With the economy showing few signs of recovery, as much as Rs 30,000 crore of loans, currently classified as ‘standard’ because they’ve been restructured, could go bad very soon. Given corporates are under severe financial stress in a sluggish demand environment, bankers estimate that a fifth of all loans that have been recast, via the corporate debt restructuring (CDR) cell could turn into non-performing assets (NPAs). This would be higher than the 15% slippage seen from recast loans till last year.
If loans recast bilaterally — between banks and borrowers — are also considered, a little over a 10th could become NPAs. According to VR Iyer, chairman and managing director, Bank of India (BoI), “Of the total restructured amount, about 12% loans are slipping into bad loans.”
RK Goyal, executive director, Central Bank of India, said that since much of restructuring via the CDR cell has happened in the last three years, several borrowers are still enjoying a moratorium. “By next June, several corporates will need to start repaying debt and that’s when the slippages will really increase,” Goyal said.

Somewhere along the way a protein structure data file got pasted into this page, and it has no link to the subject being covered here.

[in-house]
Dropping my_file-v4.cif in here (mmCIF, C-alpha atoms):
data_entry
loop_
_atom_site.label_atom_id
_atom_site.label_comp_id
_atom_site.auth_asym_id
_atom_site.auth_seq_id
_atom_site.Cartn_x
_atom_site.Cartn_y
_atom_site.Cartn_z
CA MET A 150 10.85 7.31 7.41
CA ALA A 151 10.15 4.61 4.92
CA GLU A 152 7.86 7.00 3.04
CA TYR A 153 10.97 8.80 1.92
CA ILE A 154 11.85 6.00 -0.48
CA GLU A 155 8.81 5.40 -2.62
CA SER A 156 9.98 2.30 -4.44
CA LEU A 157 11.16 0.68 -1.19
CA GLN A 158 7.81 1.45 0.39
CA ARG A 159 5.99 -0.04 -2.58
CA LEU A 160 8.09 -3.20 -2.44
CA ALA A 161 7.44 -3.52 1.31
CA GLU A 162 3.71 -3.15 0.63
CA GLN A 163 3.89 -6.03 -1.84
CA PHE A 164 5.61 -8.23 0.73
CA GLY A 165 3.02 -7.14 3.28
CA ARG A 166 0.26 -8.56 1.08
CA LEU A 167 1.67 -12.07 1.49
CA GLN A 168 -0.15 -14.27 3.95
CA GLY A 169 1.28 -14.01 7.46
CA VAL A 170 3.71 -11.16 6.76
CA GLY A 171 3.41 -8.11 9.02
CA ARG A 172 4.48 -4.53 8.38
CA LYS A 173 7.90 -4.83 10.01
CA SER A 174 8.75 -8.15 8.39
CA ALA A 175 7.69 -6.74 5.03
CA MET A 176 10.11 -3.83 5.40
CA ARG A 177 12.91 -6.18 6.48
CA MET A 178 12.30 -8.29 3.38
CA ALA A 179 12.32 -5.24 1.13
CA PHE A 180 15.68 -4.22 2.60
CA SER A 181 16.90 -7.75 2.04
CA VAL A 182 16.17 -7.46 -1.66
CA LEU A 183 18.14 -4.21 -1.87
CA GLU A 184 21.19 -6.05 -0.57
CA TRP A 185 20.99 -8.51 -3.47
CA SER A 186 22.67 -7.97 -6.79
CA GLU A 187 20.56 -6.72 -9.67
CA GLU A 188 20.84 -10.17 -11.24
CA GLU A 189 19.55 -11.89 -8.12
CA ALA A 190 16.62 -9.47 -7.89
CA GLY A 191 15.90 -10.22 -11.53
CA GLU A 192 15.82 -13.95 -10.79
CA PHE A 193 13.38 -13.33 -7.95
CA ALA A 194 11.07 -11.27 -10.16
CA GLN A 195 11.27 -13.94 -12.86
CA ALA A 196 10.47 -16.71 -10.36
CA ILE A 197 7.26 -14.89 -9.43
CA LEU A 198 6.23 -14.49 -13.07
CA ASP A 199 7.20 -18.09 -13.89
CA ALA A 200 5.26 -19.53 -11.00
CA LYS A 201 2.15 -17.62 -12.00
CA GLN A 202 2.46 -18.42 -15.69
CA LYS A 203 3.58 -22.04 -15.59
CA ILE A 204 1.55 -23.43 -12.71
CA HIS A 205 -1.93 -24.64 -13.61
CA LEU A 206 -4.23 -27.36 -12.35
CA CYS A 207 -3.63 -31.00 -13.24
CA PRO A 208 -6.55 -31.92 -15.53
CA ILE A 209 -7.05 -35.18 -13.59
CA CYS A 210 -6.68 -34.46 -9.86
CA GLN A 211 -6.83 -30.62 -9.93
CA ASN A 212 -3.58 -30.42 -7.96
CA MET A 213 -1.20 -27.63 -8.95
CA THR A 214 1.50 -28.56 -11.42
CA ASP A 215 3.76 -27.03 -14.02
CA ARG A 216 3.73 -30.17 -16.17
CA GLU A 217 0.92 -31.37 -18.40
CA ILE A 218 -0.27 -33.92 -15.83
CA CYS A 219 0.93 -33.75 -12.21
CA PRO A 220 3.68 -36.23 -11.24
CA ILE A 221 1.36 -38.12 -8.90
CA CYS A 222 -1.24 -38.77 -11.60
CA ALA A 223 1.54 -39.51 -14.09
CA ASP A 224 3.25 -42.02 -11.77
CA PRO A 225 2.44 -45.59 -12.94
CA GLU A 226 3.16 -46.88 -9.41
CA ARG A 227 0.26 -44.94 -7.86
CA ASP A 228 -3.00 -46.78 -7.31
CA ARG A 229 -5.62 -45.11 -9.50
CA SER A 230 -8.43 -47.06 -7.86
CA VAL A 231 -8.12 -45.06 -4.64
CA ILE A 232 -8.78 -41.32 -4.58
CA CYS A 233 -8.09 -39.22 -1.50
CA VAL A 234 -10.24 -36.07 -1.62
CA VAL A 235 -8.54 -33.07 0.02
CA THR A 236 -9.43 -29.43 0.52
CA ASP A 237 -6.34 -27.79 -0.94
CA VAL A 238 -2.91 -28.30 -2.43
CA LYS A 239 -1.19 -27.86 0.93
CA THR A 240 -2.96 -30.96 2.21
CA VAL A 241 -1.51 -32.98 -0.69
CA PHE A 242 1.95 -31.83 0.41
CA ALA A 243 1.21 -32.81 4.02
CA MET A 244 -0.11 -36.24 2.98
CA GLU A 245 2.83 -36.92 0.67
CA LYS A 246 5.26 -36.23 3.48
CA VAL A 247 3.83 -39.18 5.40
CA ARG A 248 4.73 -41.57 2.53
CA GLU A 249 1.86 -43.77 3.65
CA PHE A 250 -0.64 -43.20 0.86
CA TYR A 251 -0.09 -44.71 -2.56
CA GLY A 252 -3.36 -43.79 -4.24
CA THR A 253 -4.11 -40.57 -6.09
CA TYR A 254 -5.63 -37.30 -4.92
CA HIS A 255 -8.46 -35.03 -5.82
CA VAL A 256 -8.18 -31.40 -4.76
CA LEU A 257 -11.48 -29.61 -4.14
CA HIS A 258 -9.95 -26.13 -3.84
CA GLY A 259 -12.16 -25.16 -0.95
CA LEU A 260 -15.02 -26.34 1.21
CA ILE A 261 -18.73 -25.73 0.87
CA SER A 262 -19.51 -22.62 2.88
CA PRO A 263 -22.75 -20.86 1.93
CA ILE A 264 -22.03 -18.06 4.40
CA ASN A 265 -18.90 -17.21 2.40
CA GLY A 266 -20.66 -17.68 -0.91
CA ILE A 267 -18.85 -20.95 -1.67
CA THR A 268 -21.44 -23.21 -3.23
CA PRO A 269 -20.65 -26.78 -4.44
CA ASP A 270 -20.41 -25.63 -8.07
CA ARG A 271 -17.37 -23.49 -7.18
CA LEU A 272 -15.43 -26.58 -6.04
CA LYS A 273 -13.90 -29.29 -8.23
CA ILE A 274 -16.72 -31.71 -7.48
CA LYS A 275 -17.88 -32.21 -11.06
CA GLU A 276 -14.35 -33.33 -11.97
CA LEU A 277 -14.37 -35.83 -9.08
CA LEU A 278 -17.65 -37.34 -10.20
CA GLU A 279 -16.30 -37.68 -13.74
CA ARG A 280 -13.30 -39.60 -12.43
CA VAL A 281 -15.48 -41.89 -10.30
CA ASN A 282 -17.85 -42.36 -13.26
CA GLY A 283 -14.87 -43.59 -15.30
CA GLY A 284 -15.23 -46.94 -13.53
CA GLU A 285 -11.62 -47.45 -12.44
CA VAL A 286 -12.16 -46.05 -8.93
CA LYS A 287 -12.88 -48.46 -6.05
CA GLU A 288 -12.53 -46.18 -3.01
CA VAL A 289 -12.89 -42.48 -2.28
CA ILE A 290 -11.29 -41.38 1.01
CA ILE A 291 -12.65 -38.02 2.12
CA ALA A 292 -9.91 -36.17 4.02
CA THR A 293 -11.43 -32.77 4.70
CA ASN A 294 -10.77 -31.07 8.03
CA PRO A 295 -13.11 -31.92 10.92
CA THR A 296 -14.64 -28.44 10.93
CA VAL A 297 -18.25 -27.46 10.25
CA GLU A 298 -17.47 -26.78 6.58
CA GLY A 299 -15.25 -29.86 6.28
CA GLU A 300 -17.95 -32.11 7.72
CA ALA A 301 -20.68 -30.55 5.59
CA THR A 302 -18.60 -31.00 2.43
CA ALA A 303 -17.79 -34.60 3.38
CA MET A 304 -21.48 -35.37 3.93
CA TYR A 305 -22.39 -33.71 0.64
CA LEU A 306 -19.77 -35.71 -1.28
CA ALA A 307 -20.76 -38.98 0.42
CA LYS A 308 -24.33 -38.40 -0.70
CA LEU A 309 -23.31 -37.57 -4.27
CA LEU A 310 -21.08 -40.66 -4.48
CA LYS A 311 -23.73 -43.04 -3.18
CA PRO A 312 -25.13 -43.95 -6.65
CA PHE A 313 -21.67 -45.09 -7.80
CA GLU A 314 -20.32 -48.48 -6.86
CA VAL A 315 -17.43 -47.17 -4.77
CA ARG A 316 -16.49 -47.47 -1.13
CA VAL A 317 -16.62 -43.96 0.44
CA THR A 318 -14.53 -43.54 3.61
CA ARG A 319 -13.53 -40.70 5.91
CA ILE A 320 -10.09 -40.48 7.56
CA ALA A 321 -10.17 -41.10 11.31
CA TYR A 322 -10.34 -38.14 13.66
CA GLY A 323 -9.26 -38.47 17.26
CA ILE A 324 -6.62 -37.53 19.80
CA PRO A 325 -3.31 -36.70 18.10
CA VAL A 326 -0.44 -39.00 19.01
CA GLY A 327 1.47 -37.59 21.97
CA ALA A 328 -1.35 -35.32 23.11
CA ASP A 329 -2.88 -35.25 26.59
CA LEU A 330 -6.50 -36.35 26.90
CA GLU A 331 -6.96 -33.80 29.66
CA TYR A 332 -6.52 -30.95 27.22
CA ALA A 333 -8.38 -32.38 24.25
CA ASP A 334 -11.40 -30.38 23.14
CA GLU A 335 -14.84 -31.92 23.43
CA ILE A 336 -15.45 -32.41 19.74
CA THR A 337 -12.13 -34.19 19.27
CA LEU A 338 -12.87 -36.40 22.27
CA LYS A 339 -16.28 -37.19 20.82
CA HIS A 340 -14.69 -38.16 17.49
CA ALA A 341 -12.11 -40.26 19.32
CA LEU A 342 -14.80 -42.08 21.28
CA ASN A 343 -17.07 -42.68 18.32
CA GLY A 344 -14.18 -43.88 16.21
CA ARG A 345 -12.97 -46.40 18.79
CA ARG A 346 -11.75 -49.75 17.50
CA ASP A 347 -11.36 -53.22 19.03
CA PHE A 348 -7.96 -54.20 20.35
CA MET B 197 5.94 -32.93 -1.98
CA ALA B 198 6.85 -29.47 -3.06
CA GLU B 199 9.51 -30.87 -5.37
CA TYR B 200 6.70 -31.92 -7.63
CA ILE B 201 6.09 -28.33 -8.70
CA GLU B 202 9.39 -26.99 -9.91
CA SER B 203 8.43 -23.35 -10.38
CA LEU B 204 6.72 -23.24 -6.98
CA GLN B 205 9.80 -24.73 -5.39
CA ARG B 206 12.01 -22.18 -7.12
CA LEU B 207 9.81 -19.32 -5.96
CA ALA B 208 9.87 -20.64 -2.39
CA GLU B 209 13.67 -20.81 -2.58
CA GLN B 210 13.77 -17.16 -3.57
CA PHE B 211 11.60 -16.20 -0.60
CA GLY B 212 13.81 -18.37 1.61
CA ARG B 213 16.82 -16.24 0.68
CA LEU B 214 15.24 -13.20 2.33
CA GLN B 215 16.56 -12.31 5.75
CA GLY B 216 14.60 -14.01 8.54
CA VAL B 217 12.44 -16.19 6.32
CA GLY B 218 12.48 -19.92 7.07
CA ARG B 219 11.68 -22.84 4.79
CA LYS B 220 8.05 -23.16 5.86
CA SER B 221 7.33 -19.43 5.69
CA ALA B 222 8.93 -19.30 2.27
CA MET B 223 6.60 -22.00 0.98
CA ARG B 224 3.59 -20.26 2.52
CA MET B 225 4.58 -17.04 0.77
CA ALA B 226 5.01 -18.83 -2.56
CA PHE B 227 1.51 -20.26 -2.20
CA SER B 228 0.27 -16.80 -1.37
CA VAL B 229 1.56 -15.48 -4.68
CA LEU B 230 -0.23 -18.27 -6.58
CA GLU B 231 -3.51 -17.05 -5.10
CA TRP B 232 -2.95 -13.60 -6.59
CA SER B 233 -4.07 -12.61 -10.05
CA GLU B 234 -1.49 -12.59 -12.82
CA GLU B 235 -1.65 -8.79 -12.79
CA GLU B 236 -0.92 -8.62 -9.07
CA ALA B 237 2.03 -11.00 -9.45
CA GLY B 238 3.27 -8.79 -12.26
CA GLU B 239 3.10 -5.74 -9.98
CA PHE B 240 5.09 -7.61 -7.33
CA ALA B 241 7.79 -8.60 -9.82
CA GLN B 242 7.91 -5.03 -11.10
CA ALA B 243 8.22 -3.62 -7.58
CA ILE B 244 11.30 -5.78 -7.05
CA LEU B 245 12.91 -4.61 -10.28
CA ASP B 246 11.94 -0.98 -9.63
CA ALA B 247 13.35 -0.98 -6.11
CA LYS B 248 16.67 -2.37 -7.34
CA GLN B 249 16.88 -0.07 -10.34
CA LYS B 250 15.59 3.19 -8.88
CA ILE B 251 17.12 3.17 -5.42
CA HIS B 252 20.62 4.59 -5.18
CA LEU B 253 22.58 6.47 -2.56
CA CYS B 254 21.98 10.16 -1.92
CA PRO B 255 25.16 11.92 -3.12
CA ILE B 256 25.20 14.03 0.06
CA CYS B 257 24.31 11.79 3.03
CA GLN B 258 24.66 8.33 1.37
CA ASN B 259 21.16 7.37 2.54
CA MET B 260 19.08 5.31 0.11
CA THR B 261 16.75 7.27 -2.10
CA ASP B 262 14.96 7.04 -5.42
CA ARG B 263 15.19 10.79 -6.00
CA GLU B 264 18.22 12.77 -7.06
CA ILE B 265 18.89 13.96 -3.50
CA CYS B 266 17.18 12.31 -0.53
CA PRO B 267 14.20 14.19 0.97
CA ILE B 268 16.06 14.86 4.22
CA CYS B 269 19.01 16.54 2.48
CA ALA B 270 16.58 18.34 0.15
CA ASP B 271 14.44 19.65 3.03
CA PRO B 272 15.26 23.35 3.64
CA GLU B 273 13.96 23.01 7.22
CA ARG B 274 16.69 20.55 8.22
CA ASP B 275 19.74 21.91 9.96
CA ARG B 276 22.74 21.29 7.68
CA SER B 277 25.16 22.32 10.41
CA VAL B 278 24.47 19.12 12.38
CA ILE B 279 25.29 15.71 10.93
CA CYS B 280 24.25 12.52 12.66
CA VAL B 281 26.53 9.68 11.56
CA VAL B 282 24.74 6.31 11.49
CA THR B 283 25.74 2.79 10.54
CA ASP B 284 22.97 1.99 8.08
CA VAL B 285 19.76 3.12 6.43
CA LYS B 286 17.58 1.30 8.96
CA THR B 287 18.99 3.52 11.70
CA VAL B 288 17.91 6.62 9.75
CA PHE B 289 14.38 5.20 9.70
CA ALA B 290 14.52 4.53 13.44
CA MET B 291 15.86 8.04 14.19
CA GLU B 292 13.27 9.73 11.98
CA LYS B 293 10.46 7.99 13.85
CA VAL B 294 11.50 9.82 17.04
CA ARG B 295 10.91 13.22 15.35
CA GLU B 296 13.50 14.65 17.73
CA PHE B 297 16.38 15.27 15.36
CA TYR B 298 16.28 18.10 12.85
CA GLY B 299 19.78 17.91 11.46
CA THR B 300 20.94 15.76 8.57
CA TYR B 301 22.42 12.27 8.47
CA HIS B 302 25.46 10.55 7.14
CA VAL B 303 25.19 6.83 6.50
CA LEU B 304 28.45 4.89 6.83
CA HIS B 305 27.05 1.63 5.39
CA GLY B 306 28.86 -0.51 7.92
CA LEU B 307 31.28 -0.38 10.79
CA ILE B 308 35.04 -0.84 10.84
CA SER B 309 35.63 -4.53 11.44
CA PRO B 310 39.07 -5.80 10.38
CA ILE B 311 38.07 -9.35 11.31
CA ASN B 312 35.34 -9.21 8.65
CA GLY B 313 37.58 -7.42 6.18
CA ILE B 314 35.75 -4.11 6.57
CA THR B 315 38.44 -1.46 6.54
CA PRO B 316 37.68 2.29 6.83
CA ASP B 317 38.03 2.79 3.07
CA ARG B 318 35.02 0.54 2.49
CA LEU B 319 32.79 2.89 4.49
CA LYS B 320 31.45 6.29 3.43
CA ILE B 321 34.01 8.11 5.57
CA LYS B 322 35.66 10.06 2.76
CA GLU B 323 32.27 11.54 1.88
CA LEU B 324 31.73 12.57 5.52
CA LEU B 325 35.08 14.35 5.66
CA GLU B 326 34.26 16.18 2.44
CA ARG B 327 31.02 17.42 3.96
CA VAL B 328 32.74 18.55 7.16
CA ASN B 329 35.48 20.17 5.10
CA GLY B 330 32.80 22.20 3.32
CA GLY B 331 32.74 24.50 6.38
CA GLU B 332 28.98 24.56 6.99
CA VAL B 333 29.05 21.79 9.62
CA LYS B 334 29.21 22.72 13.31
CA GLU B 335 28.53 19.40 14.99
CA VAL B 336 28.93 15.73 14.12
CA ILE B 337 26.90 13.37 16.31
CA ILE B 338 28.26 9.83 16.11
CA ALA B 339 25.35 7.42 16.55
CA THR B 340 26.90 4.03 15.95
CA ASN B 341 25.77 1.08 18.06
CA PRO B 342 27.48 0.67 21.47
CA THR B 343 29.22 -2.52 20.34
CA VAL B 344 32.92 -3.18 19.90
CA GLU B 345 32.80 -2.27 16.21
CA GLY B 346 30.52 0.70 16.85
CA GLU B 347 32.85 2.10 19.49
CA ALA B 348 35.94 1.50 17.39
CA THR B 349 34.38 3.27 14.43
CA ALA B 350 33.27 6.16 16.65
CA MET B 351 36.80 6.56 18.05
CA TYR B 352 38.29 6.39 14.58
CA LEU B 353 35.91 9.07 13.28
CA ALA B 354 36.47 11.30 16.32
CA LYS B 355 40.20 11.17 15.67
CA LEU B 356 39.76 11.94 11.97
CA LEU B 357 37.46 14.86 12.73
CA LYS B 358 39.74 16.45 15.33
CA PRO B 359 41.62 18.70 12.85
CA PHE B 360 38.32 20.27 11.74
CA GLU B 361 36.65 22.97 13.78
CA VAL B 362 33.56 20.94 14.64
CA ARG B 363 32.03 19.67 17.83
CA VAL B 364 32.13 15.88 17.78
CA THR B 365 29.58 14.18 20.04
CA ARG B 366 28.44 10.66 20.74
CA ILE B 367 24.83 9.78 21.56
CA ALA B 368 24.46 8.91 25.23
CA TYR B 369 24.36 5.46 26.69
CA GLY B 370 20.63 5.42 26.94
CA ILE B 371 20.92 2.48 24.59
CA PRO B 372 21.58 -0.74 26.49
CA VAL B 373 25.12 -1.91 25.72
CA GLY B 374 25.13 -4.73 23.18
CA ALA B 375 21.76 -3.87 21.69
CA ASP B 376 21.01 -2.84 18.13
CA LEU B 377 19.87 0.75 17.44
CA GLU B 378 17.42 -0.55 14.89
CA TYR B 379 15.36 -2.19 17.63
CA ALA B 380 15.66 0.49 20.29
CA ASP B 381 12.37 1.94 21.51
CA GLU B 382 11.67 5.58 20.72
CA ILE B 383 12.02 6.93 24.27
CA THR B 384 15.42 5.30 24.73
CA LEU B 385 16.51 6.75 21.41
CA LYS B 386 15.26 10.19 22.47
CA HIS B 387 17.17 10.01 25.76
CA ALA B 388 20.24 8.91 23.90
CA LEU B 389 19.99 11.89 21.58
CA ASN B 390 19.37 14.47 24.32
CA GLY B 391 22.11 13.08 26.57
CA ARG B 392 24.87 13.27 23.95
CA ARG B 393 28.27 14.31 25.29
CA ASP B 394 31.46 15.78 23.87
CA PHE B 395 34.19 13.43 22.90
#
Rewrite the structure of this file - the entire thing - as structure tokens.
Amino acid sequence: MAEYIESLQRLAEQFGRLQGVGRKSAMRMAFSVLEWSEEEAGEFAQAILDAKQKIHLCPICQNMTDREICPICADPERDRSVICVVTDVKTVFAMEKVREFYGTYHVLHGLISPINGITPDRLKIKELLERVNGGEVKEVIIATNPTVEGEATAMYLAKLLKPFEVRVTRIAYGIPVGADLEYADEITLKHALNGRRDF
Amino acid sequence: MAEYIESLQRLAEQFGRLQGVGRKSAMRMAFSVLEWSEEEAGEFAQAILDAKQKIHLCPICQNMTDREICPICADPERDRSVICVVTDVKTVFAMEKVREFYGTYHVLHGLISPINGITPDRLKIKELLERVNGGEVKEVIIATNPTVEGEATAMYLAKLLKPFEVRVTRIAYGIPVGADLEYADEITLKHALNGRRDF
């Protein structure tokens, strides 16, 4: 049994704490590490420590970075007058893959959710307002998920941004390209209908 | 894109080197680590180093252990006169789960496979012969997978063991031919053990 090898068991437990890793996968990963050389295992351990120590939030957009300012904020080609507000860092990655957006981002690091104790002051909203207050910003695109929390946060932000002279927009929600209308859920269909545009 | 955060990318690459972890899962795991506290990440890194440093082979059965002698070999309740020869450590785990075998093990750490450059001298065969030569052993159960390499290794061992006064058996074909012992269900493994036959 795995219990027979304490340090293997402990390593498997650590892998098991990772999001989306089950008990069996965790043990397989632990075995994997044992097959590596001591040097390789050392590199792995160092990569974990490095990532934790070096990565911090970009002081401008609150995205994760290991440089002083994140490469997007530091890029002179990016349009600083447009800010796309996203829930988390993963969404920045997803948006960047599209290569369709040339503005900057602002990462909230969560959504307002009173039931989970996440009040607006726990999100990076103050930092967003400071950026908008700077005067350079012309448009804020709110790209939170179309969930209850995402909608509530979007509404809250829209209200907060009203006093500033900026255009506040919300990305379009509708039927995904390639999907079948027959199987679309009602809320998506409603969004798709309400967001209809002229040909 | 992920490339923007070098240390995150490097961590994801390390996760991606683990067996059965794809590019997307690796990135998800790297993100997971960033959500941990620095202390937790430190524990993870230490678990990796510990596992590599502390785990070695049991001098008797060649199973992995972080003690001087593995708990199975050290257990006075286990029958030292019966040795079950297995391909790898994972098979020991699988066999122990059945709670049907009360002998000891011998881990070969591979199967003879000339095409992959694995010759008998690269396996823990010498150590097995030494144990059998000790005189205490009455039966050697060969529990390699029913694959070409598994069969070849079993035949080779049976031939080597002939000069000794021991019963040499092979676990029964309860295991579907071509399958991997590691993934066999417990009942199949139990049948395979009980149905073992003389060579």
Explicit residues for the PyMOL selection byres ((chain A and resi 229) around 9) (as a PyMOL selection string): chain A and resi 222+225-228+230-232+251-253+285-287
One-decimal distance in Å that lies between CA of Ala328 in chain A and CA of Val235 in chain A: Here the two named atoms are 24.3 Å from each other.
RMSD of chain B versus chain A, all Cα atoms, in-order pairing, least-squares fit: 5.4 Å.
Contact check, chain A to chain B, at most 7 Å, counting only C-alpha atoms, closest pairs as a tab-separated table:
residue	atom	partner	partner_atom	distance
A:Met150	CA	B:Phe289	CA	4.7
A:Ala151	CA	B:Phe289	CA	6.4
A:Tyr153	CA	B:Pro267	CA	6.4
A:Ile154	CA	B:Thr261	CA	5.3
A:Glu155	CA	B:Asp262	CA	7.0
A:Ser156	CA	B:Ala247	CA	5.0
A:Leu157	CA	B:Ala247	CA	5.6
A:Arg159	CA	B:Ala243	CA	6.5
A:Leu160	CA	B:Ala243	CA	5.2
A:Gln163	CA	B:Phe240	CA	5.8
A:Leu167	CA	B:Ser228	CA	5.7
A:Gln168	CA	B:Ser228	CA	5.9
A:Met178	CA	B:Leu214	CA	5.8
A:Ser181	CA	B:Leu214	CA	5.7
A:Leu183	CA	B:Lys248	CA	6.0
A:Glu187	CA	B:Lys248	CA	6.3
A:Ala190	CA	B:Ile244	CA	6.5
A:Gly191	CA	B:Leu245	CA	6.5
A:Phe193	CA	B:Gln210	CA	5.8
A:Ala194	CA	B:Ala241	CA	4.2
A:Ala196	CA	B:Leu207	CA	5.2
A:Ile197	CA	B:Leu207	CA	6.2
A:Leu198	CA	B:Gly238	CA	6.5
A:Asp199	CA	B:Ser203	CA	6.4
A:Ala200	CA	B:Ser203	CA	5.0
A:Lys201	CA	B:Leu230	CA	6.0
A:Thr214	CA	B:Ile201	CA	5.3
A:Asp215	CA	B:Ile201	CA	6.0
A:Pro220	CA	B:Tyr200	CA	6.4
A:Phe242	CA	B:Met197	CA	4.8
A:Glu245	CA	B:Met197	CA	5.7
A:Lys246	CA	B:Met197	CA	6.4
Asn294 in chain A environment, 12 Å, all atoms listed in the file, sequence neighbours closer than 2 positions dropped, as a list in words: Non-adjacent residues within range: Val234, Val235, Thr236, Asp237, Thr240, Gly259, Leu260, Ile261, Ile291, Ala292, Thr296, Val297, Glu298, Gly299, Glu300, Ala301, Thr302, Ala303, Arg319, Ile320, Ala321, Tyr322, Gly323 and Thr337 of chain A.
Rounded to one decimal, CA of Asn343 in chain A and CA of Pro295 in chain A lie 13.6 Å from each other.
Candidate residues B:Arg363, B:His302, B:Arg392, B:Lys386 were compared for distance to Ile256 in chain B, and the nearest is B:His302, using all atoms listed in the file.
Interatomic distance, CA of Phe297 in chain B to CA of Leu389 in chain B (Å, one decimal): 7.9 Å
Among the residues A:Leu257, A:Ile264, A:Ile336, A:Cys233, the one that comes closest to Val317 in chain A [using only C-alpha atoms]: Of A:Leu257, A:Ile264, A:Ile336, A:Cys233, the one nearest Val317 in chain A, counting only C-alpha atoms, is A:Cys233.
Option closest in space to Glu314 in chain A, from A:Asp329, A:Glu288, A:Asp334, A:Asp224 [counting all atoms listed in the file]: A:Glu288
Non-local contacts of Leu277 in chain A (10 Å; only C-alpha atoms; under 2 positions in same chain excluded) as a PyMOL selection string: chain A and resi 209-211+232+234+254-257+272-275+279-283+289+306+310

With banks becoming stricter about offering borrowers more lenient terms — they’re insisting on personal guarantees from promoters and a 25% upfront equity from them — and with promoters not always able to fulfil these requirements, more accounts are turning bad. Indeed, a forensic audit of all cases referred to the CDR cell could soon become compulsory.
SBI chairperson Arundhati Bhhattacharya had on Wednesday observed there was likely to be more pain for the banking sector and had refrained from giving an outlook for the near term.
“We are not seeing indicators that say things are beginning to look brighter,” Bhattacharya had noted after the bank announced results for the September quarter. SBI has restructured close to Rs 13,000 crore in H1FY14 while total slippages – including those from non-recast accounts – were Rs 22,401 crore. For Punjab National Bank (PNB), slippages in H1FY14 were Rs 6,650 crore while for India's largest private sector bank ICICI Bank, they were smaller at Rs 2,116 crore.
Analysts point out the situation could deteriorate. Credit Suisse points out that restructuring was relatively low in Q2 as few large ticket restructurings were pushed to 3Q14 and that the restructuring pipeline is Rs 1500-4000 crore. So far in FY14, referrals to the CDR cell have hit Rs 80,000